What if you aren’t the Chosen One? The one who’s supposed to fight the zombies, or the soul-eating ghosts, or whatever the heck this new thing is, with the blue lights and the death? What if you’re like Mikey? Who just wants to graduate and go to prom and maybe finally work up the courage to ask Henna out before someone goes and blows up the high school. Again. Because sometimes there are problems bigger than this week’s end of the world, and sometimes you just have to find the extraordinary in your ordinary life. Even if your best friend is worshipped by mountain lions. Award-winning writer Patrick Ness’s bold and irreverent novel powerfully reminds us that there are many different types of remarkable.
The reader in me absolutely adores Patrick Ness! The writer in me, on the other hand, is extremely bitter and jealous of his talent. Holy hell is he good! And this book, friends, is absolutely fantastic! Off the bat, The Rest of Us Just Live Here is awesome because of:
- A diverse cast of characters (YAY!)
- An incredible portrayal of anxiety and eating disorders.
- A god of cats (yes, really).
- A fun take on the “chosen one” trope.
- Snarky, meta goodness.
So, The Rest of Us tells two interconnecting stories. The first is about the “indie kids” – you know, the Buffys of the world, the ones who save the world by picking the right boy to love or whatever. That story serves as the backdrop of the more important story starring the ordinary Mikey and his ordinary friends.
The Rest of Us is an amazing blend of fantasy and contemporary YA primarily concerned with the lives that carries on while the heroes are off saving the world from whatever it is the world needs saving from that isn’t global warming. It’s about the ordinary people who have a very minimal part in world-saving, if at all. I can’t recommend this book enough. I loved it because it was relatable, snarky and heartfelt. It was everything!
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The writing style is a lot more playful than other books by Ness but it still tackles a lot of important issues the characters go through including the aforementioned anxiety and eating disorders as well as family drama, love, jealousy, friendship, sexuality, etc.
I deeply related to almost every character especially Mikey (since he’s the narrator). I loved reading about someone plagued with the same neuroses I was plagued with as a late adolescent (and let’s face it, as a young adult). And I deeply appreciate Mikey’s non-specialness. This is a person who knows he’s the background character to another story. And yet his own story is not diminished by the higher stakes of someone else’s narrative.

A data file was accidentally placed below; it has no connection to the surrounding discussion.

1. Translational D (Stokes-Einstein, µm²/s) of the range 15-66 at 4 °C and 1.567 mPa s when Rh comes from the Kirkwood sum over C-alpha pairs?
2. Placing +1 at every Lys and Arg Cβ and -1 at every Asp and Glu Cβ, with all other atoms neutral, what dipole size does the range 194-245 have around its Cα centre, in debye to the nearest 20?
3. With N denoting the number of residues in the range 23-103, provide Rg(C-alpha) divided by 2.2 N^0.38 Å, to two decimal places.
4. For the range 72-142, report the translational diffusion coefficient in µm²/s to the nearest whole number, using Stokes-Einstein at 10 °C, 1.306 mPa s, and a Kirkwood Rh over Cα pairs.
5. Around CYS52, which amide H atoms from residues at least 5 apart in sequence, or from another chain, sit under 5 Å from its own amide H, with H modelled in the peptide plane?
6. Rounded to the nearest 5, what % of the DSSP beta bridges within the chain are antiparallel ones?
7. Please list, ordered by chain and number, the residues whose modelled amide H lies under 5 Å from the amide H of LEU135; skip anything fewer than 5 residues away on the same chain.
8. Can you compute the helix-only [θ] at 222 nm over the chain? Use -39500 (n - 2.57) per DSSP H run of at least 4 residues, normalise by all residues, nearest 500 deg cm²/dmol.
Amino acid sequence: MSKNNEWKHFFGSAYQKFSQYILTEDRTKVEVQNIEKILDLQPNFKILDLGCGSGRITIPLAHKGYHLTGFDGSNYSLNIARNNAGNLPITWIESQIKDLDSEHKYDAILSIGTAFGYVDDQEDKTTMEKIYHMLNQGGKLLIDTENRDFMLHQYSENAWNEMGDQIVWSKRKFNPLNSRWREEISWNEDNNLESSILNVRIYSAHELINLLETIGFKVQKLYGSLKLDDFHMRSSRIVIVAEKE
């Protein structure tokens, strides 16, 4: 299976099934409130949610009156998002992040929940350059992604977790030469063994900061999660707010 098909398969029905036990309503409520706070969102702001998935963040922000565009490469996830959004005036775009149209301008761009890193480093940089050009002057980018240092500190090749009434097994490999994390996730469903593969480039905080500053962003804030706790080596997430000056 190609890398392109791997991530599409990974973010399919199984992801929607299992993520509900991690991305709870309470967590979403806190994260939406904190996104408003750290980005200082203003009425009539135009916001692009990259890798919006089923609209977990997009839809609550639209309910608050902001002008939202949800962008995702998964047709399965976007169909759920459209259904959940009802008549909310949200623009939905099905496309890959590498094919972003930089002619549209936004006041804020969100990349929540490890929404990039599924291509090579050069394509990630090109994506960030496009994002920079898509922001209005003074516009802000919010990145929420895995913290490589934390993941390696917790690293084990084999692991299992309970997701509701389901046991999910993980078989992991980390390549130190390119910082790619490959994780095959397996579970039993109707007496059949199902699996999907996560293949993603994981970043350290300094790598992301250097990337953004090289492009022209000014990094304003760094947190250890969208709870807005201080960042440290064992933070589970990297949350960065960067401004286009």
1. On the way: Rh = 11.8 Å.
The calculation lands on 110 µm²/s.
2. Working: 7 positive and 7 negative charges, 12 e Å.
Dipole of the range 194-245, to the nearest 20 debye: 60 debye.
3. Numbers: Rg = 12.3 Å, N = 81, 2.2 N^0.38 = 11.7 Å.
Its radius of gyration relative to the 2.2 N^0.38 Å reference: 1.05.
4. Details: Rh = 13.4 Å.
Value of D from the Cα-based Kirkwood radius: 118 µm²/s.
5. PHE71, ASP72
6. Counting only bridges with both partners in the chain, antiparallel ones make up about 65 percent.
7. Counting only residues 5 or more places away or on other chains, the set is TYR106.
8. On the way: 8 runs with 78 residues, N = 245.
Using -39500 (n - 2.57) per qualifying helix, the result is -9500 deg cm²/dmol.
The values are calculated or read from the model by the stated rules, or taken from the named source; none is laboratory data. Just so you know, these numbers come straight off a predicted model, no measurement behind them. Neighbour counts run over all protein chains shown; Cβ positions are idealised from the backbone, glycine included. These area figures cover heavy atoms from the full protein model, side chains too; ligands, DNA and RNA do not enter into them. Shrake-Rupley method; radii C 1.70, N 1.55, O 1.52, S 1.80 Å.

My takeaway from it was that every life is remarkable, even if it isn’t.
My verdict: ★★★★★
Goodreads ★★★★✩ (3.8, rounded up)
“Not everyone has to be the Chosen One. Not everyone has to be the guy who saves the world. Most people just have to live their lives the best they can, doing things that are great for them, having great friends, trying to make their lives better, loving people properly. All the while knowing that the world makes no sense but trying to find a way to be happy anyway.”
“Feelings don’t try to kill you, even the painful ones. Anxiety is a feeling grown too large. A feeling grown aggressive and dangerous. You’re responsible for it’s consequences, you’re responsible for treating it. But Michael, you’re not responsible for causing it. You’re not morally at fault for it. No more than you would be for a tumour.”
“It felt like waiting for something to happen. Which has to be the worst part of being young. So many of your decisions aren’t yours; they’re made by other people. Sometimes they’re made badly by other people. Sometimes they’re made by other people who have no idea what the consequences of those decisions might be. The bastards.”
“The mistake of every young person is to think they’re the only ones who see darkness and hardship in the world.” … “The mistake of every adult, though, is to think darkness and hardship aren’t important to young people because we’ll grow out of it. Who cares if we will? Life is happening to us now, just like it’s happening to you.”
“Because sometimes there are problems bigger than this week’s end of the world and sometimes you just have to find the extraordinary in your ordinary life.”